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Published In: Species Plantarum 2: 1085. 1753. (1 May 1753) (Sp. Pl.) Name publication detailView in BotanicusView in Biodiversity Heritage Library

Project Name Data (Last Modified On 7/9/2009)
Acceptance : Accepted
Project Data     (Last Modified On 7/9/2009)
Status: Native


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2. Polypodium virginianum L. (common polypody) Pl. 15f,g; Map 55

P. vulgare L. var. virginianum (L.) A.A. Eaton

Rhizome scales orangish brown, concolorous or with a somewhat darker central stripe, lanceolate, the margins slightly toothed. Leaves 4–40 cm long, the petioles green to light brown, grooved on the upper surface, glabrous. Leaf blades herbaceous to somewhat leathery, lanceolate, tapering to the tip, the lobes with rounded to somewhat pointed tips and entire to slightly toothed margins, glabrous. Sporangia intermingled in the sorus with long, club-shaped, glandular hairs, with 64 spores. 2n=148. June–August.

Most common in the eastern portion of the Ozark Division, locally west to Laclede County and north to Marion County (eastern U.S. and Canada). Ledges and crevices of bluffs and boulders, on sandstone, chert, granite, and other acidic substrates.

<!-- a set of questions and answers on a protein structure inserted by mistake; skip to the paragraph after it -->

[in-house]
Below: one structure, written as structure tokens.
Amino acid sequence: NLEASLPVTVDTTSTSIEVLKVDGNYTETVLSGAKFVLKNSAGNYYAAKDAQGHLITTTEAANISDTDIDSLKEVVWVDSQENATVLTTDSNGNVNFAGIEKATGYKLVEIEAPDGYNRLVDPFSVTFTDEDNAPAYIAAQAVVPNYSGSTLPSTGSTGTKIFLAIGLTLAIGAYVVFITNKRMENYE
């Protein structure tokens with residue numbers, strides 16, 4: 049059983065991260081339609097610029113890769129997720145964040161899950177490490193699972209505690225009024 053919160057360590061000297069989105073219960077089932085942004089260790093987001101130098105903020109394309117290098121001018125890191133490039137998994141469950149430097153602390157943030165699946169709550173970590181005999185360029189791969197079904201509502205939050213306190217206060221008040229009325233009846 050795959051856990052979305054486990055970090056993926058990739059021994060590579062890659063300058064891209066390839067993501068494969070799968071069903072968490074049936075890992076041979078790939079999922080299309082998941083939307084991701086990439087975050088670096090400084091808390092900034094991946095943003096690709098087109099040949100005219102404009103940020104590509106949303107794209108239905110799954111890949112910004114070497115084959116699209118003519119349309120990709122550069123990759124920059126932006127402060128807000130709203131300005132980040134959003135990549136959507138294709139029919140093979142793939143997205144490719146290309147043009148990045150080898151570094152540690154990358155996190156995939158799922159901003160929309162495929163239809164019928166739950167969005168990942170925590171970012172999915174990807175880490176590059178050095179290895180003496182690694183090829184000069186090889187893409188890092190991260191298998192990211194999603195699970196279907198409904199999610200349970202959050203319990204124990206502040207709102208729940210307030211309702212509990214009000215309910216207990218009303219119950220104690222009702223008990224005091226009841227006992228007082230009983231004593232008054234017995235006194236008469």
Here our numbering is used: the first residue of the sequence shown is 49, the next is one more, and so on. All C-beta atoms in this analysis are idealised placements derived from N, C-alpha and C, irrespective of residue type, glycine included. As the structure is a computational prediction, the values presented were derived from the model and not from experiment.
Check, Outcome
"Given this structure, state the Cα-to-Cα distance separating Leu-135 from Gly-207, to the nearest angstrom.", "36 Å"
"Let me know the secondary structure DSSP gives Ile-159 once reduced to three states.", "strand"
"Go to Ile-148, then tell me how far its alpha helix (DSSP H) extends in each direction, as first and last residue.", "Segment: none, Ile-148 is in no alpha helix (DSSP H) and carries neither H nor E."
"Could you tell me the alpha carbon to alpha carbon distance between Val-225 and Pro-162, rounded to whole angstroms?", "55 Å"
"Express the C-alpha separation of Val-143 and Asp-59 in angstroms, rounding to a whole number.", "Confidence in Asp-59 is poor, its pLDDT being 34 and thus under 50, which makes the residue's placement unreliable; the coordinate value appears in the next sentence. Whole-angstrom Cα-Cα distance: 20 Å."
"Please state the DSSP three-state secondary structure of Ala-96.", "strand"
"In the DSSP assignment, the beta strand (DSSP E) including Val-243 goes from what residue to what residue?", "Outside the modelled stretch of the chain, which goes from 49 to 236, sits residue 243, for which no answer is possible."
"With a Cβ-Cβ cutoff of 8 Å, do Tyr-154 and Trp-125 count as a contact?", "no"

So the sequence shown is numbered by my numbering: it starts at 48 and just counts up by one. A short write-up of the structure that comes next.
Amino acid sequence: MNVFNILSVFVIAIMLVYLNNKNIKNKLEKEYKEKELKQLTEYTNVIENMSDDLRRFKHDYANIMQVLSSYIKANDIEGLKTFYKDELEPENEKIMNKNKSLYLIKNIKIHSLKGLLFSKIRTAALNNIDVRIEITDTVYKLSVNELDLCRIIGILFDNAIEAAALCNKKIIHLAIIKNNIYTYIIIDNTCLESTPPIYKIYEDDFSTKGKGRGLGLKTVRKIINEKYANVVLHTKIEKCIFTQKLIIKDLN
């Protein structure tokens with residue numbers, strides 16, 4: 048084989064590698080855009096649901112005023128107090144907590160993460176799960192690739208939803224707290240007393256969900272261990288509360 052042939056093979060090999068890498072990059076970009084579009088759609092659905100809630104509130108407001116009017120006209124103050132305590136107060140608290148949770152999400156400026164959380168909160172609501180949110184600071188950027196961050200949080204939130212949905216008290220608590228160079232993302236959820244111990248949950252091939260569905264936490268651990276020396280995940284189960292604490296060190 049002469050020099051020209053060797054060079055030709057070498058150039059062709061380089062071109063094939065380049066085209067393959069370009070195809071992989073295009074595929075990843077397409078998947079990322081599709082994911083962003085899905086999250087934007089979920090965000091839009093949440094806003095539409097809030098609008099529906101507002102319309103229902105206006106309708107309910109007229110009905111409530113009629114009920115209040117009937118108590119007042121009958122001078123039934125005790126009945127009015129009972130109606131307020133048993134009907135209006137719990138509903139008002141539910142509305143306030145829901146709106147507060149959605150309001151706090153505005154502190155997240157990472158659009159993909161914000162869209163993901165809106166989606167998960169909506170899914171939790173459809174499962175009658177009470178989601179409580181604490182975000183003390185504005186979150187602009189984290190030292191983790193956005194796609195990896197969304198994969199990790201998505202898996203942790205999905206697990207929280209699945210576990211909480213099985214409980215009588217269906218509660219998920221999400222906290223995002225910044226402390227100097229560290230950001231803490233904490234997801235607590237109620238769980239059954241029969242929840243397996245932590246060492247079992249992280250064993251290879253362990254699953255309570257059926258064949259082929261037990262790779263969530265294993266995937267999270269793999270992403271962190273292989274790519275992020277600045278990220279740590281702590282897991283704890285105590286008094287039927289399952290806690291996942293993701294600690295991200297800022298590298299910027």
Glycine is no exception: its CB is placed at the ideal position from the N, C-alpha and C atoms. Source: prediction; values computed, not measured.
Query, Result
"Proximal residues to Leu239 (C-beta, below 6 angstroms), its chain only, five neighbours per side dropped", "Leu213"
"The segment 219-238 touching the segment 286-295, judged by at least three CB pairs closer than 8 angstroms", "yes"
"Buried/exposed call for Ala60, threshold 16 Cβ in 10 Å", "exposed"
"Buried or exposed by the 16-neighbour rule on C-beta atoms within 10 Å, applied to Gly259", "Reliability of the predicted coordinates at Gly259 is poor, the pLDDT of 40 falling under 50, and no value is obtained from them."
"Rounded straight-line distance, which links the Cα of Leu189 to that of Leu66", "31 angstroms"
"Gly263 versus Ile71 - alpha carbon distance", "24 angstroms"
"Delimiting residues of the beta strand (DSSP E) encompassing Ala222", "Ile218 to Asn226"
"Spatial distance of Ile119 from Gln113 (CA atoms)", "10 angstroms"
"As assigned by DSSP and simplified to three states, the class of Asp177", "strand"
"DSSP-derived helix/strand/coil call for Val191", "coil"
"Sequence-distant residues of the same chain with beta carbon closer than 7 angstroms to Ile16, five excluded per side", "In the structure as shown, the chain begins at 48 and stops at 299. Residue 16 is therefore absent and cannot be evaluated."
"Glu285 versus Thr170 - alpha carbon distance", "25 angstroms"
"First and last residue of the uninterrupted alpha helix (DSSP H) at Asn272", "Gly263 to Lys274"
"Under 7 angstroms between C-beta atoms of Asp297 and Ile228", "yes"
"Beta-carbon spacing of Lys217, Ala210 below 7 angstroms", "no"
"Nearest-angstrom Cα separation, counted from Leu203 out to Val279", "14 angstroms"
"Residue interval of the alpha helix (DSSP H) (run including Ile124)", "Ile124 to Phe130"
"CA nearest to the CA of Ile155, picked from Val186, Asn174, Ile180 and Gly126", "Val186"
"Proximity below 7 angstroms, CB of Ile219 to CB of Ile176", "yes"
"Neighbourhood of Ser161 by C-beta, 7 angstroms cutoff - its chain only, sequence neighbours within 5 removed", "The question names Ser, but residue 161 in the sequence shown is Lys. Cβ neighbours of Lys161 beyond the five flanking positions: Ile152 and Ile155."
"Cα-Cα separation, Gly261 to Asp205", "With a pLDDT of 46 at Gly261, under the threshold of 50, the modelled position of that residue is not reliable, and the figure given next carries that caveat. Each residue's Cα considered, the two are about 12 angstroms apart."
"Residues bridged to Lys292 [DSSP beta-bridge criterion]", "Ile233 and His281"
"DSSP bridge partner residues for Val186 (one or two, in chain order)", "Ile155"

The relationships among the American and European species of the P. vulgare complex were first elucidated by Shivas (1961). True diploid P. vulgare occurs in Europe. More recently, Haufler and his associates (Haufler and Windham, 1991; Haufler and Wang, 1991) have shown that P. virginianum is a fertile, tetraploid derivative of past hybridization between two closely related diploid species, P. appalachianum Haufler & Windham and P. sibiricum Sipliv., neither of whose ranges extends to Missouri.



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